If a person submits an out-of-time application, they will have a gap in continuous lawful residence, from the date their leave expired until the date they are next granted leave, regardless of how long it takes for the decision to be made. For an example of this, see
example 5 in related link: Examples of continuous lawful residence.


Theres a lot of caselaw on this and it is a grey area. Theres other statutes immigration (2008) for cases before 2008 which states that if reeturned within 28 days it shouldnt be termed as invalid. But also other cases where a strict interpretaion as above has been applied depending on caseworker who is going to look at my immigration history. I have ordered my sar from home office. Do you think i should get legal assiatnce or try to do it myself? and what are my chances? thanks

I advise based not only on the rules but the practical application of those rules based on large numbers of applications.


You are allowed to submit an application within 28 days of a visa expiring. The discussion comes down to what is considered to be the expiry date where an application was submitted 'in time' and the Home Office took their time to make a decision - in other words, the applicant's visa has expired, sometimes by quite a considerable amount of time, due to the time taken by the Home Office. The applicant should not be penalised for this and therefore it has been accepted for quite some time that if an application is returned to the applicant, invalid or refused, then the applicant will normally be allowed to quickly submit a new application. This is a key point.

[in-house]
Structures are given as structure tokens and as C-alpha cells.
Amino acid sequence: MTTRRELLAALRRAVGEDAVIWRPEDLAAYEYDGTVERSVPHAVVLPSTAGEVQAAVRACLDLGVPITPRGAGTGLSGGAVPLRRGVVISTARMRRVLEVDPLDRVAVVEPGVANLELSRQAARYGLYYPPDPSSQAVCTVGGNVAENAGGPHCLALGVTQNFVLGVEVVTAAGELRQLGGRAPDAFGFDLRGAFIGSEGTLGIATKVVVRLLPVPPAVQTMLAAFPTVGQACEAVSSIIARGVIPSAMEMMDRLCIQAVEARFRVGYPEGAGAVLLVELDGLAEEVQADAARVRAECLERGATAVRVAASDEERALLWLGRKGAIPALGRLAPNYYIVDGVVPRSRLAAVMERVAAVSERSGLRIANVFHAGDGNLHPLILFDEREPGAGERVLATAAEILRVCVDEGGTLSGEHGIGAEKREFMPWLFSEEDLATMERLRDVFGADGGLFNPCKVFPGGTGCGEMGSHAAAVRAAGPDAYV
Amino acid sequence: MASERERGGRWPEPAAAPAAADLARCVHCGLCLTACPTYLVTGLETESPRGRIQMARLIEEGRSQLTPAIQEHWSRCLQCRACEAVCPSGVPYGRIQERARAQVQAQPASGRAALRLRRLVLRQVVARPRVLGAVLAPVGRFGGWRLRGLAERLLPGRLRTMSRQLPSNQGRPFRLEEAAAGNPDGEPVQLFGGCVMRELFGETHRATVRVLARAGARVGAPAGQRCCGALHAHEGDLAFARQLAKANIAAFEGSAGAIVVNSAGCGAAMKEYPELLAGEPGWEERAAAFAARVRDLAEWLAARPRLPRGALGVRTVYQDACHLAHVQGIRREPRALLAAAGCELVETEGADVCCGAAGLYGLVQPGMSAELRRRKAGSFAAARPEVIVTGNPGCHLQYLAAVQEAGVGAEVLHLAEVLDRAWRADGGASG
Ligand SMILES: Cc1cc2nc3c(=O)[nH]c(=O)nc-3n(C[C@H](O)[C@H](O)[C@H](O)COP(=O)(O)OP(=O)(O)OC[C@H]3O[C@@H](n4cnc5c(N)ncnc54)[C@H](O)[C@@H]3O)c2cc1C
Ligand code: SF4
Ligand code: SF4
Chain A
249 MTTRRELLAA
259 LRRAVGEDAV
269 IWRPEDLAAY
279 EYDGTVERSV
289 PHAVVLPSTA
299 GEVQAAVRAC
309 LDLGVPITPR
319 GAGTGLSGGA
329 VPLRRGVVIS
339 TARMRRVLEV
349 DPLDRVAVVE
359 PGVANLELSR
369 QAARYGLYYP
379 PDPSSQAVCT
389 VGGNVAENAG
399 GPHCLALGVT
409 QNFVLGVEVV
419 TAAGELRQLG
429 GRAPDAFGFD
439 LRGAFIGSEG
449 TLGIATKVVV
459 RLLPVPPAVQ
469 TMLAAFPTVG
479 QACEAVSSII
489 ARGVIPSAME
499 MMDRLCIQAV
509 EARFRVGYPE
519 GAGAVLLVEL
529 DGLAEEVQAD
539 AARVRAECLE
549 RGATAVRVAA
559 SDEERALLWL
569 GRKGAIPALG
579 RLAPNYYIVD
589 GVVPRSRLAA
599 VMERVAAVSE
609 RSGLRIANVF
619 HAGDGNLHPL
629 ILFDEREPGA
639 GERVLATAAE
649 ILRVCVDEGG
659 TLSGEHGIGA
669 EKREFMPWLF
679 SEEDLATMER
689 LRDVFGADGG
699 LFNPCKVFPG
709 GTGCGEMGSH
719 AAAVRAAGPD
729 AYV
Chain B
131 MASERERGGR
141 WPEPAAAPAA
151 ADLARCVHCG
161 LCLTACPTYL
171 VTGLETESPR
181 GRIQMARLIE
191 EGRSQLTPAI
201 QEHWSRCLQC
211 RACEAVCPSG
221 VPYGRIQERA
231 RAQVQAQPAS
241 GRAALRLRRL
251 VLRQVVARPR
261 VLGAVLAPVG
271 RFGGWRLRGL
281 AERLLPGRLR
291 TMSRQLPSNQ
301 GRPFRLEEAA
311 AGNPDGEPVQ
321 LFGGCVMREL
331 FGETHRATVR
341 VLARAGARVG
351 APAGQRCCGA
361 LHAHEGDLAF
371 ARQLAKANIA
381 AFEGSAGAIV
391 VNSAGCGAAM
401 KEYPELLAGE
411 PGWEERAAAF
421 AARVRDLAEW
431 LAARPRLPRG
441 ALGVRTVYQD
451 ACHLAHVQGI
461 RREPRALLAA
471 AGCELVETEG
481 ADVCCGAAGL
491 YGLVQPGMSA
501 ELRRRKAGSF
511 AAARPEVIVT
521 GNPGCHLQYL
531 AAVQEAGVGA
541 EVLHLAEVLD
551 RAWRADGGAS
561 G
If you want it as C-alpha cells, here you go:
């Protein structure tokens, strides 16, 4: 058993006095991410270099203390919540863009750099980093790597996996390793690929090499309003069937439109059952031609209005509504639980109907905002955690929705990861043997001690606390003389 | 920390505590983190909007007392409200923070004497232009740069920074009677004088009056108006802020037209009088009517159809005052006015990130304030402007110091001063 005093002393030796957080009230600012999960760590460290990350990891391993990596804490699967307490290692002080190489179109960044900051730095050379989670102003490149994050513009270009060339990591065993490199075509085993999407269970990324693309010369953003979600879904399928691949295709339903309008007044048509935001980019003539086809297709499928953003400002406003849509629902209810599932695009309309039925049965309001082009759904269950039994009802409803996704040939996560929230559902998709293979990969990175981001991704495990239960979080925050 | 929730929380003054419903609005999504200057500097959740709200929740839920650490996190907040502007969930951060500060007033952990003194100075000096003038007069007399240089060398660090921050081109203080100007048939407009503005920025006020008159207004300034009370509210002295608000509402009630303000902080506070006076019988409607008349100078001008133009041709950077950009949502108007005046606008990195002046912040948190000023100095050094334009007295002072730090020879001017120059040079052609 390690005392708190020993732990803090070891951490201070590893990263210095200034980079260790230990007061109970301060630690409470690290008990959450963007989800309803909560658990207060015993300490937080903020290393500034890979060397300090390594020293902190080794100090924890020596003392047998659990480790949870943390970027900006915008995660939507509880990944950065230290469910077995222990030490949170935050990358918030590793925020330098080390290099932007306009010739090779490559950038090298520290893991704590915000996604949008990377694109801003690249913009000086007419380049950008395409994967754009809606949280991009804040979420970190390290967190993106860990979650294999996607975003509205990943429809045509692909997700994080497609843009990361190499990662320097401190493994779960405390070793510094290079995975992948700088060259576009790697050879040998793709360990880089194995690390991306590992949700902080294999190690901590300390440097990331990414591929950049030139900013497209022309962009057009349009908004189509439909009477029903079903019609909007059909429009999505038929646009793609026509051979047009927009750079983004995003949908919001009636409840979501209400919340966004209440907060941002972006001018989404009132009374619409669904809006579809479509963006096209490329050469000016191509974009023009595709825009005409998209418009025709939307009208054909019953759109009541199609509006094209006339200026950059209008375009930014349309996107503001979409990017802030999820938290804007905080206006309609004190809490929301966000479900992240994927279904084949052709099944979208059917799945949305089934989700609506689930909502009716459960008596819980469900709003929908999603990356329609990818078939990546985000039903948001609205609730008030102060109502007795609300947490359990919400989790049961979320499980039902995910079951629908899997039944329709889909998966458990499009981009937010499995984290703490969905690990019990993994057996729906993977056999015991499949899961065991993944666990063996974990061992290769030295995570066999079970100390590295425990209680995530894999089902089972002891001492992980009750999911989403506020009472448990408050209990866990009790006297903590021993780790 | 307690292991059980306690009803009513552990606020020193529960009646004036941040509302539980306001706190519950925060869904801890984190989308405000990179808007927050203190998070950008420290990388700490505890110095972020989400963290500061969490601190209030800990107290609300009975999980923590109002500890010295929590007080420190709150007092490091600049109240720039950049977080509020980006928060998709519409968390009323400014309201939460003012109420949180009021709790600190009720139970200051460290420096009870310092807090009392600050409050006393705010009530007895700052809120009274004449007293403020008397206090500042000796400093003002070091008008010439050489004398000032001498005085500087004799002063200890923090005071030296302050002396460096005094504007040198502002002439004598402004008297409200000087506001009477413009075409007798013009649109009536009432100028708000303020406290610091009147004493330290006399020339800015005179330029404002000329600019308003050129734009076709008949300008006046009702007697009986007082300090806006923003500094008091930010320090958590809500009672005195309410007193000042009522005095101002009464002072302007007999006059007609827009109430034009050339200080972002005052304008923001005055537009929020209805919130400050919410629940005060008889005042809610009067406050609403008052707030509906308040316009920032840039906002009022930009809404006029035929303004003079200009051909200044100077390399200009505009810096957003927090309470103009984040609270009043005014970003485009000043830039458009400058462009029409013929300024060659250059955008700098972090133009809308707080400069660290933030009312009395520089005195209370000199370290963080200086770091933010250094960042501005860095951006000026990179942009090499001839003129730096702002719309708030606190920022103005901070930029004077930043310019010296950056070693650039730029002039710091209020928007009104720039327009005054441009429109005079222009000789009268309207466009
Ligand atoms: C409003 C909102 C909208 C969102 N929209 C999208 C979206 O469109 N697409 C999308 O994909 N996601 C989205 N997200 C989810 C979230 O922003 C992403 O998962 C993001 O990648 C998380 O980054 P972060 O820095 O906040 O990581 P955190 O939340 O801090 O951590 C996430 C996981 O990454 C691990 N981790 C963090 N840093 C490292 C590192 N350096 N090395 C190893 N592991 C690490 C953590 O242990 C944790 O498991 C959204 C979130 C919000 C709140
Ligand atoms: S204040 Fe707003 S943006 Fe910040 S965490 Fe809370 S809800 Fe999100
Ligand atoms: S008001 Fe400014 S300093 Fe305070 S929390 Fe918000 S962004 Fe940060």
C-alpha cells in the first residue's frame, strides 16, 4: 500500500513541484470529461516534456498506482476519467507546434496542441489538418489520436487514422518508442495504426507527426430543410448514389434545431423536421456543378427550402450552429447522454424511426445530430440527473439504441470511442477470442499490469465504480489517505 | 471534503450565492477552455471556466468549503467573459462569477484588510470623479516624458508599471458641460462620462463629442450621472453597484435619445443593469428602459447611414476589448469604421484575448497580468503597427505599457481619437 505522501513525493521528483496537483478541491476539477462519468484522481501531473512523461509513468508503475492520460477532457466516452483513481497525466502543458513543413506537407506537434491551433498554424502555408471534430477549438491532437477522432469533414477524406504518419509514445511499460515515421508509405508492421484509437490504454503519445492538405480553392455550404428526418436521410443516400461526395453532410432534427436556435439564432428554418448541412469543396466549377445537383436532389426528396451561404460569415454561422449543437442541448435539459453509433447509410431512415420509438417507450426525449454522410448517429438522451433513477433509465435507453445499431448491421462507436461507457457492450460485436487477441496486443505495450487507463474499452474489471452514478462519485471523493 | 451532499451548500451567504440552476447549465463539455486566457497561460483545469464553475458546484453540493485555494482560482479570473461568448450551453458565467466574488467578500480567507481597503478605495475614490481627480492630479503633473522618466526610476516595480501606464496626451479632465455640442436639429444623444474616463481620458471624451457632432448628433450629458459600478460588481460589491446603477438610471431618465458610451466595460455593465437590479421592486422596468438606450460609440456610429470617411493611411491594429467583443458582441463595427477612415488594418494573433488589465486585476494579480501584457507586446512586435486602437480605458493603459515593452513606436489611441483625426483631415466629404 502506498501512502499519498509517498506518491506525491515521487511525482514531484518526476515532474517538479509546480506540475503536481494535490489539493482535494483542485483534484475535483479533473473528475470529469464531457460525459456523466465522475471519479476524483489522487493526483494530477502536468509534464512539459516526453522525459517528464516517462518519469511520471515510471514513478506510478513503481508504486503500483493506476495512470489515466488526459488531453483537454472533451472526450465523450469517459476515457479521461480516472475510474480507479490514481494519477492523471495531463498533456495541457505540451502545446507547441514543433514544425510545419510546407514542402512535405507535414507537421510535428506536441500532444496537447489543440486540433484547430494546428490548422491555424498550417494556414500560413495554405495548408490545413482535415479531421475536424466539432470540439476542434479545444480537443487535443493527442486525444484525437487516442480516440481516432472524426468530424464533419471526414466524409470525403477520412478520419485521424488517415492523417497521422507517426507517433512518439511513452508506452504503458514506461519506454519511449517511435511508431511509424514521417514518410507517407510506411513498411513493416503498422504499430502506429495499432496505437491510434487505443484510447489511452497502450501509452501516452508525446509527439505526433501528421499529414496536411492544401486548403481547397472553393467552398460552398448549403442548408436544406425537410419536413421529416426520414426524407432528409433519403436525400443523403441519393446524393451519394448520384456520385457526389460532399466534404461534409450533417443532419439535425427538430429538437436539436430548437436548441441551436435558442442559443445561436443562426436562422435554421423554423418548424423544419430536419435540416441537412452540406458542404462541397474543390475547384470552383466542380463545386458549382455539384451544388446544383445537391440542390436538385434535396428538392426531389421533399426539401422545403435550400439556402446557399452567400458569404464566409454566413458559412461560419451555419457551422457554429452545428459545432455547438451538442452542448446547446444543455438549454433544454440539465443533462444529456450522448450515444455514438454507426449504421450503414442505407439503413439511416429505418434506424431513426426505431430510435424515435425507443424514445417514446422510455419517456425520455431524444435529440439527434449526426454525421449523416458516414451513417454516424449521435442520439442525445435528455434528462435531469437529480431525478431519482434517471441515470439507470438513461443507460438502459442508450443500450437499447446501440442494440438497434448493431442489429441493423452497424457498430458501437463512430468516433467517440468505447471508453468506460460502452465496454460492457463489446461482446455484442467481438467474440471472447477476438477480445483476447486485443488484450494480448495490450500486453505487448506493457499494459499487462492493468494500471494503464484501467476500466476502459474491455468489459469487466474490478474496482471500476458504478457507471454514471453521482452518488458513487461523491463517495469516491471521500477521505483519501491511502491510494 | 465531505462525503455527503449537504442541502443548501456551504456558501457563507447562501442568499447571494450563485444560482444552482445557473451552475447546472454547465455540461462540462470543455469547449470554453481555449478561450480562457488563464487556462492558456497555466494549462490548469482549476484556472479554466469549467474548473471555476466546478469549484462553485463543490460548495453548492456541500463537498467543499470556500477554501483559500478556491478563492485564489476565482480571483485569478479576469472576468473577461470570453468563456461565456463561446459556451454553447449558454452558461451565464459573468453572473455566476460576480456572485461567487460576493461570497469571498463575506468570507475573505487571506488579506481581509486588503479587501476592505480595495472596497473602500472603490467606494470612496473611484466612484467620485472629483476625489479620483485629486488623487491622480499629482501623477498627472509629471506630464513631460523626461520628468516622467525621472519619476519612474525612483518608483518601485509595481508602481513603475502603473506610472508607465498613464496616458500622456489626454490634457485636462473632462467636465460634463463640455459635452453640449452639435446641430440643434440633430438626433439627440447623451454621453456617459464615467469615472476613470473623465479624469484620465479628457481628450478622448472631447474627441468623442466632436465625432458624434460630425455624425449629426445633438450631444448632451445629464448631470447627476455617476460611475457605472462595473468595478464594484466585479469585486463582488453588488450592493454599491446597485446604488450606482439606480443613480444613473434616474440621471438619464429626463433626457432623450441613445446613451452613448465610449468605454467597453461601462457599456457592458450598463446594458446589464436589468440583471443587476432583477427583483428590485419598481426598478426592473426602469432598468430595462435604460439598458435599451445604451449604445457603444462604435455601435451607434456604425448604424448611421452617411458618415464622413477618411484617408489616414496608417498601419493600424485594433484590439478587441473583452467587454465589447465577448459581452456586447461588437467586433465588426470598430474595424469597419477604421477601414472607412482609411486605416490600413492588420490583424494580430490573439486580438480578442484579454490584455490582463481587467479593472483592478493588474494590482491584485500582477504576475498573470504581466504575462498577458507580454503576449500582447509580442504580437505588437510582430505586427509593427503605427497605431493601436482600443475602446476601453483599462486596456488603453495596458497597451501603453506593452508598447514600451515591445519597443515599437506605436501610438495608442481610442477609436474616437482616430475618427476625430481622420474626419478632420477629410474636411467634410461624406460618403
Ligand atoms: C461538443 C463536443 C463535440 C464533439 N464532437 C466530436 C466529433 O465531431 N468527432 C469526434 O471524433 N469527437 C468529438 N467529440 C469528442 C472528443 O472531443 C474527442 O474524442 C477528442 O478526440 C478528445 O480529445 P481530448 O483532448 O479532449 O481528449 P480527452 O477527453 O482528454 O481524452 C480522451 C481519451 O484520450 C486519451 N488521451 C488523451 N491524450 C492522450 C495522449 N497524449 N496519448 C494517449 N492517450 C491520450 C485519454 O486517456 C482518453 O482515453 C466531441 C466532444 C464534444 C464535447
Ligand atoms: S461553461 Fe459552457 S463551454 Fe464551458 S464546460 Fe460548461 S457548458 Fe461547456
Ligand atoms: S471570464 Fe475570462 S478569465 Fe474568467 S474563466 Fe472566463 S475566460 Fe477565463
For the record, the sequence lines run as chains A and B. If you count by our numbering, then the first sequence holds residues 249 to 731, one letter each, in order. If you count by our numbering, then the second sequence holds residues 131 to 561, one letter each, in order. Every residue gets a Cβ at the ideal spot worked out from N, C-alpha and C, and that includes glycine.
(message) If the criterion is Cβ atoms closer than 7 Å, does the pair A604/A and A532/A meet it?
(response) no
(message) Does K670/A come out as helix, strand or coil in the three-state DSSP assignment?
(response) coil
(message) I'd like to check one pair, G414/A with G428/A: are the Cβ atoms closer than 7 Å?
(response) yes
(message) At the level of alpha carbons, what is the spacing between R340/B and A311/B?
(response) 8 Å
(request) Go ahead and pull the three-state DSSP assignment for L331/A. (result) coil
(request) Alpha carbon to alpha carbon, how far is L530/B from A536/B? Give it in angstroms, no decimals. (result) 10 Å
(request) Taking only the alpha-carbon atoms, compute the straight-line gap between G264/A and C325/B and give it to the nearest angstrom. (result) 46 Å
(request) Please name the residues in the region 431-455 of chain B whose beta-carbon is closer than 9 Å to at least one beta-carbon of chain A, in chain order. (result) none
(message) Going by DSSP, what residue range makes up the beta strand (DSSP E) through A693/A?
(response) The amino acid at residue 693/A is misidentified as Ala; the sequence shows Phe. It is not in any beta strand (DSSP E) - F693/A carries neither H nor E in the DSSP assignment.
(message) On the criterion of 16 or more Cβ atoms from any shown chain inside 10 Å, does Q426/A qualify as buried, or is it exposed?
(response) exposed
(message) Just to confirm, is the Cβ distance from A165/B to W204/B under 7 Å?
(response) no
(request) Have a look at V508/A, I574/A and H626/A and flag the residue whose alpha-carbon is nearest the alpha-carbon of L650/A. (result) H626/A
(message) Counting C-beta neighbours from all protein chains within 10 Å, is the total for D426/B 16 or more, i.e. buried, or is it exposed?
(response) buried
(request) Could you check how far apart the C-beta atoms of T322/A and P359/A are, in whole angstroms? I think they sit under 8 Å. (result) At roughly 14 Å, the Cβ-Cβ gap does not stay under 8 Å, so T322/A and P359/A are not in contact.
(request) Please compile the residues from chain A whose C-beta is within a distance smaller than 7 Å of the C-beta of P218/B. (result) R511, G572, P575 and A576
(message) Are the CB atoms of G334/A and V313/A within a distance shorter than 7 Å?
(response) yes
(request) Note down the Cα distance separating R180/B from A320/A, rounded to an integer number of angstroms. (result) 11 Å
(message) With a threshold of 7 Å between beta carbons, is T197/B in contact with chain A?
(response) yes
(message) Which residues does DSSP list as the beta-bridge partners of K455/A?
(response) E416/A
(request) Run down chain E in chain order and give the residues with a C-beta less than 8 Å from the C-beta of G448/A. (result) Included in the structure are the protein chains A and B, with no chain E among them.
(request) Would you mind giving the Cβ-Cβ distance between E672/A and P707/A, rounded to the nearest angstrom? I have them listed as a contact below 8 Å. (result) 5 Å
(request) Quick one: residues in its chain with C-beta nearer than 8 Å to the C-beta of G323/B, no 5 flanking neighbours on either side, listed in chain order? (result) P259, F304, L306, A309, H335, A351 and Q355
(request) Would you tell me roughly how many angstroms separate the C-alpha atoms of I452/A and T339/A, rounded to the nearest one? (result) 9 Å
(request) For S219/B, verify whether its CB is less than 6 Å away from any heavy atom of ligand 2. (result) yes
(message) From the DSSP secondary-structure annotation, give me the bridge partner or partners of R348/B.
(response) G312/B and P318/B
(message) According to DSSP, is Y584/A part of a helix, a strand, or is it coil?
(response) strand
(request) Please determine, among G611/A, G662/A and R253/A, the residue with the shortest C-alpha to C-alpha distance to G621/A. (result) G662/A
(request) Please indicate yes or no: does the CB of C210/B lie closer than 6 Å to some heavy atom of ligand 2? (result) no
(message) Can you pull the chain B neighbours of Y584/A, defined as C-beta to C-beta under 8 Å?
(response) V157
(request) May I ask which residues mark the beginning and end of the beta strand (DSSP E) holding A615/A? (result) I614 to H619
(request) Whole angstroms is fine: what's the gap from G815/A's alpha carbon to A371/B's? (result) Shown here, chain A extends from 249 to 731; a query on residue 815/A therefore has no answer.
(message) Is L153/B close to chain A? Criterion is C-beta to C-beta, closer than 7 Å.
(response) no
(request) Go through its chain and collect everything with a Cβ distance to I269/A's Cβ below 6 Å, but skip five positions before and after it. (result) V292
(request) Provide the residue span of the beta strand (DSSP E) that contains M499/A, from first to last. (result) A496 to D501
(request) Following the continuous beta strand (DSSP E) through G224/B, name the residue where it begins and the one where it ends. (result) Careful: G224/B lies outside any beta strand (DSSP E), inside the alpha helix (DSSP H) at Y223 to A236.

I have known many applications like this and have not personally had any refused for this reason.


Right of appeal is usually determined simply by whether or not the applicant has valid leave to remain at the time of a refusal being issued (put in simple terms). You also need to be careful when drawing conclusions from other people's experiences - very often people are refused for reasons that are not exactly the reasons that they think they have been refused for. I'm not saying that this is the case in the examples you mention but it does happen, in the same way as people get approved and think they have done things right when in fact they simply got lucky.


Don't forget that for Long Residence the rules are a little bit more relaxed than for the 5-year qualifying period.


Again, if the application is put together well and the only issue is resubmission upon receipt of refused or invalid applications then I would not expect the application to be refused solely for this reason.


With regard to your last question, I think legal representation can be very useful for Long Residence applications.

Howard and other UK Immigration Law Specialists are ready to help you
Customer: replied 4 years ago.

thanks for your answer



After i receive my SAR, do you think i should write a letter to ukba explaining the gap specifically with all the dates and that whenever this happened i did my utmost best to resubmit well within the days given to me and also explain why application was returned (e.g wrong advice from univ counsellor).